And his Right Development Foundation has come a long way in 11 years.
What started out with the then 17-year-old walking the streets of London with a rucksack to hand out care packages to the homeless, now sees him lead a team that has an impact on hundreds of young people in the capital.
The driving force behind the foundation’s rise was not only to make a difference to those around him, but to overcome his own setbacks.
Lamar lost his mother to cancer at just four years old. Aged 17, he discovered something that would change his life forever.
“I found a letter from my mum, which said ‘do your basketball, son. Don’t forget that I love you and be good for your family’,” he told Mark Jones on the Basketball England podcast.
“It was like a life changing moment for me, as I wanted to do more for myself. I was in a place of depression and suicidal thoughts at the time.
"I went down to Newham Youngbloods where Coach Steven and Coach Caroline took me in with open arms.”
That was just the start for Lamar, who was able to flourish both on and off the court.
He went on to win a league and Cup double with London Lions in 2019 and said the campaign “gave him some brothers for life”.
He added: “That team looked out for each other, it was just a great environment to be around.
“What’s special is you make friendships along the way. There are people at Youngbloods that I still speak to now, it’s good to keep those bonds.”
Lamar has put his career on pause to focus on his young family and the RDF, but when asked if he is likely to return to the court. He said: “I’m probably going to be playing basketball until I can’t walk anymore!”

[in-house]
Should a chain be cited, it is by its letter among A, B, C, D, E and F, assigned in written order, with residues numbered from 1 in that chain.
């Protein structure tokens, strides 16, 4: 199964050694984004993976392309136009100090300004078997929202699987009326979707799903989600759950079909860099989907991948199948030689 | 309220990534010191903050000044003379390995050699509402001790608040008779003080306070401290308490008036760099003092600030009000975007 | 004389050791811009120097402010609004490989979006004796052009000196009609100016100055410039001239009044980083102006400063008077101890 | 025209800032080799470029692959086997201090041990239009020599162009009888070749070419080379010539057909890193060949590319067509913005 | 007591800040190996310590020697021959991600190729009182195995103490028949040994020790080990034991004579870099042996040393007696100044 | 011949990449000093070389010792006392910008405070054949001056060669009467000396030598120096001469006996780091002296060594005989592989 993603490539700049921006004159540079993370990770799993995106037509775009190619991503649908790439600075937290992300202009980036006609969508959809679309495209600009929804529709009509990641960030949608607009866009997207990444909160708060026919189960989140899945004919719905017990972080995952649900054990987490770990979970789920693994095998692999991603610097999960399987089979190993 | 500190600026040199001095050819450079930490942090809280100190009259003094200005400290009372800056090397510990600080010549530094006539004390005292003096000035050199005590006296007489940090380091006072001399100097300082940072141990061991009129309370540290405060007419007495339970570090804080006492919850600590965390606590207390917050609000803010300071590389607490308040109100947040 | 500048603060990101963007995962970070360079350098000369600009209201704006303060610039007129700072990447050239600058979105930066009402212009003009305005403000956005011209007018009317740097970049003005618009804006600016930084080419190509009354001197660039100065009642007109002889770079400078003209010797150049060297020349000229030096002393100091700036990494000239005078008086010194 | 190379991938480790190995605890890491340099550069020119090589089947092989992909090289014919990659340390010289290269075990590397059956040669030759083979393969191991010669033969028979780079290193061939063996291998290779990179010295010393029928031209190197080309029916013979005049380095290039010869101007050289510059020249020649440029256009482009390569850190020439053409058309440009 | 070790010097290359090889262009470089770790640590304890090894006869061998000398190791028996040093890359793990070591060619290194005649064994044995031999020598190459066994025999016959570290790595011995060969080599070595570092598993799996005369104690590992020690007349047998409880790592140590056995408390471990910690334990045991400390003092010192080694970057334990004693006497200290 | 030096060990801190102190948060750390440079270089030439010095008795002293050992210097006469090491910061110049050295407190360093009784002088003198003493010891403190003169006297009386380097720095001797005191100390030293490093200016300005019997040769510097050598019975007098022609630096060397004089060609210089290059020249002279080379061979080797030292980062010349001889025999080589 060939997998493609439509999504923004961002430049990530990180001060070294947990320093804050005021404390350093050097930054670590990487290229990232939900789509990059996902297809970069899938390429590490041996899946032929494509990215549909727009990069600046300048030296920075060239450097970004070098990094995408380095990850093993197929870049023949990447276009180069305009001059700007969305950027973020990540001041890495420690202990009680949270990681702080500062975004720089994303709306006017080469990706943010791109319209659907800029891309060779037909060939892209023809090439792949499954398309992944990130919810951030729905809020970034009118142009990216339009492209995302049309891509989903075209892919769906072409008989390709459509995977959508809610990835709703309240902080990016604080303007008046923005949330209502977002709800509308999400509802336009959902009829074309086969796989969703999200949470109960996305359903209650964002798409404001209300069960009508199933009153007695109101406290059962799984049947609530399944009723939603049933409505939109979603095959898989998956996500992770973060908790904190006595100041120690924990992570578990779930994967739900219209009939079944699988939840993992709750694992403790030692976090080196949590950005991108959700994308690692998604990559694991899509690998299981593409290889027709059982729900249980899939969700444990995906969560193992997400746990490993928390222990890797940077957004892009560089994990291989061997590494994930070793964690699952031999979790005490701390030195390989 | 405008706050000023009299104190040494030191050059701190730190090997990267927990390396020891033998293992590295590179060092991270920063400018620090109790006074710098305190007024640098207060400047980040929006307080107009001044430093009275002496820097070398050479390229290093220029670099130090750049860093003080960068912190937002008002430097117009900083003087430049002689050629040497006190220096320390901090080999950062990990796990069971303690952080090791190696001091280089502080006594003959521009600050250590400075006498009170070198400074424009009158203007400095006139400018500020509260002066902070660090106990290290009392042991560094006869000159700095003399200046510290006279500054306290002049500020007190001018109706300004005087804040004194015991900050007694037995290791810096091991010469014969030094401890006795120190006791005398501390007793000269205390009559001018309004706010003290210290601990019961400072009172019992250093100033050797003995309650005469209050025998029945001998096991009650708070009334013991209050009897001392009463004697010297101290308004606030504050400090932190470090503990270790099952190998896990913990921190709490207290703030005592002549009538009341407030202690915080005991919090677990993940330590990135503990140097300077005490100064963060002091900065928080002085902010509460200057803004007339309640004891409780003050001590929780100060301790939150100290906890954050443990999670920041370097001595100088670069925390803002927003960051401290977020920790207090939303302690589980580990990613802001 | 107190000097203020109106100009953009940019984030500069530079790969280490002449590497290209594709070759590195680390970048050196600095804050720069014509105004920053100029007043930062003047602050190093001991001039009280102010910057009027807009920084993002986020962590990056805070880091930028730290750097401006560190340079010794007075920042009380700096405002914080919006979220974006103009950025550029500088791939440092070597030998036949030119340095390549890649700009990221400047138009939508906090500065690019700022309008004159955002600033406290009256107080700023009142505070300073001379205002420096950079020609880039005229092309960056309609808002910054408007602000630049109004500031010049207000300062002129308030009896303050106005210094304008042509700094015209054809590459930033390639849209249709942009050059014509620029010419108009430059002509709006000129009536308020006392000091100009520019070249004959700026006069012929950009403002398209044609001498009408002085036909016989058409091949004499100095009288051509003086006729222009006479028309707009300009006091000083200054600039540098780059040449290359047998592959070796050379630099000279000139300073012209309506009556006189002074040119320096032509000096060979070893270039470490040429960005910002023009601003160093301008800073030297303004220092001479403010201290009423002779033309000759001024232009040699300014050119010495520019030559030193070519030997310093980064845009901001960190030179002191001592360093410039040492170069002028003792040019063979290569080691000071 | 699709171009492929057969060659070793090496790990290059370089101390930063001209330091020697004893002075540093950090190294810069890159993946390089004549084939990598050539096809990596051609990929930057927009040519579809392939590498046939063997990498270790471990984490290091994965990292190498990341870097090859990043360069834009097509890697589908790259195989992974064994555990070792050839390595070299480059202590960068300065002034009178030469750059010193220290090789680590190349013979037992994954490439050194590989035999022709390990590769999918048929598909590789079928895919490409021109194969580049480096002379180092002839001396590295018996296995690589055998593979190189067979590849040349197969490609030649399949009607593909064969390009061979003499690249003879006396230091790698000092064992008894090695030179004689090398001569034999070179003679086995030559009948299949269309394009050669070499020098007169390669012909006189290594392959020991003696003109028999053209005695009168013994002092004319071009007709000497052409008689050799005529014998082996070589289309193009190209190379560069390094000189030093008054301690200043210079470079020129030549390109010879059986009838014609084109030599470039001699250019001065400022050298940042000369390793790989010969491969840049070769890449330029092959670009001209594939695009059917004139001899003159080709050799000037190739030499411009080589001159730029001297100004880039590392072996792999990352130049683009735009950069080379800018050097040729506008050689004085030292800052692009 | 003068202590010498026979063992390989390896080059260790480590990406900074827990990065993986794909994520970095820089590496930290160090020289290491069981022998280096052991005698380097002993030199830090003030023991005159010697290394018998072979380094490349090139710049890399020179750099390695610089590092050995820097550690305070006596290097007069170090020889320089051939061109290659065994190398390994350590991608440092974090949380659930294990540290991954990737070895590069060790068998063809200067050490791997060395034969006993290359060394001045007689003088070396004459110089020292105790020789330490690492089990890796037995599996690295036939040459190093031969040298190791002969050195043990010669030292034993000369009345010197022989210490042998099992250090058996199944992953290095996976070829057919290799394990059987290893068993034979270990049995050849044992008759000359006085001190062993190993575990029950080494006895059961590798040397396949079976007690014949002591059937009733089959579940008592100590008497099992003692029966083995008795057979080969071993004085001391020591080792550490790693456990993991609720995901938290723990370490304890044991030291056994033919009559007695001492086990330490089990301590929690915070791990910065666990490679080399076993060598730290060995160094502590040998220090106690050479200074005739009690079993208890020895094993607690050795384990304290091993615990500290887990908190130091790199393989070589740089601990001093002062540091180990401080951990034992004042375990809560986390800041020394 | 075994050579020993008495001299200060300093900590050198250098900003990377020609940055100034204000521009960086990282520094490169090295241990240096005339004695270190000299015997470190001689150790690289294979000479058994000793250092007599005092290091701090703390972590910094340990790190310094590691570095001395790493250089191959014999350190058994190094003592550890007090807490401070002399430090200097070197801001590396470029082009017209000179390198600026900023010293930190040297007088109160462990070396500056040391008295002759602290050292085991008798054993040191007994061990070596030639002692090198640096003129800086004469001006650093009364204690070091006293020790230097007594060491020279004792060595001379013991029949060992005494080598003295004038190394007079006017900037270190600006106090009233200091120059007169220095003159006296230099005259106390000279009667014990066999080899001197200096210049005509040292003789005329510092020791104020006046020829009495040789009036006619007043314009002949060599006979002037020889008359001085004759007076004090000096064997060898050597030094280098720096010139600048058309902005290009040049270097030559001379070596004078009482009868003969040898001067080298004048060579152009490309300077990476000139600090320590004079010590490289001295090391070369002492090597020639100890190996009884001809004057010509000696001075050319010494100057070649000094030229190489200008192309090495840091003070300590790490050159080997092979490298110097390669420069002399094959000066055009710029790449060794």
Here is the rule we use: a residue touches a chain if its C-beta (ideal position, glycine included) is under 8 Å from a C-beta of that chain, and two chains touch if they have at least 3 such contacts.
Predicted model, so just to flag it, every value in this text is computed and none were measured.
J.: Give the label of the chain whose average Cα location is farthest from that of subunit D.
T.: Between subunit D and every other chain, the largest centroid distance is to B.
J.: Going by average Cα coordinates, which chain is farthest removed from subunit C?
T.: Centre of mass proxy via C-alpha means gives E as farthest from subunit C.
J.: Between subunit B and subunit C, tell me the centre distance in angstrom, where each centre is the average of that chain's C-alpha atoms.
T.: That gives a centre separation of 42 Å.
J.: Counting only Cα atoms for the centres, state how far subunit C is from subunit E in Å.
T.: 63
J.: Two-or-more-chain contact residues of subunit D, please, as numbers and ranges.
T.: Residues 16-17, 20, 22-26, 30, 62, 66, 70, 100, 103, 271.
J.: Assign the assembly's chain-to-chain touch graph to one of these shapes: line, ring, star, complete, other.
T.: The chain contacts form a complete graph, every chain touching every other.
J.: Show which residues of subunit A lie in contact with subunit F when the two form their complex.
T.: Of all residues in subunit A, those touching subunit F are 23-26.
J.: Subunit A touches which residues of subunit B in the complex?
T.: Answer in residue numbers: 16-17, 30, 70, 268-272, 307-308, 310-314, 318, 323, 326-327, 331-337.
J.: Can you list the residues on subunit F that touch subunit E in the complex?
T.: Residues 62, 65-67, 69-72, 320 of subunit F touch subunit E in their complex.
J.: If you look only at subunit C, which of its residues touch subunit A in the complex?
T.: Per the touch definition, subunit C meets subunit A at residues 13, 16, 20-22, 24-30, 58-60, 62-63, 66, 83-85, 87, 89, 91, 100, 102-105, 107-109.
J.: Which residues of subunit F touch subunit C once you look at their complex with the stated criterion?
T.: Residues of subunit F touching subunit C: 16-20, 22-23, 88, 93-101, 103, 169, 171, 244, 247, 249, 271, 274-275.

Lamar’s personal experiences gave him the incentive to be of help to other young people who he knew would be facing similar issues. His attitude was simple: “If I can overcome these things, so can you.”
His experiences and foundation proved invaluable through the COVID-19 lockdowns put in place. Workshops on nutrition, violence and E-safety were held as well as talks from star friends such as Justin Robinson, Ashley Hamilton and Melita Emmanuel-Carr.
“They motivated them – they motivated me!” he said. “We needed to make sure that we were keeping ourselves upskilled and trying to better ourselves through these times so we can also be impactful in the community.”
Even though the basketball side of things have developed with a series of RDF age-group teams now plying their trade in both local and the National Basketball League, Lamar still ensures they are out there helping the local community.
They work closely with the Anthony Nolan charity where he can share his story and inspire others, while RDF delivered care packages earlier this year and even had support from the Mayor of London.
More recently, Lamar partnered up with Gareth Roberts, director for Project in the Paint and Pink Lady Apples, along with artist Coco Lom, to bring some colour to a basketball court in Joseph Grimaldi Park, Islington.
You can watch to the wide-ranging interview with Lamar Roberts from earlier this year on our YouTube channel or listen wherever you get your podcasts.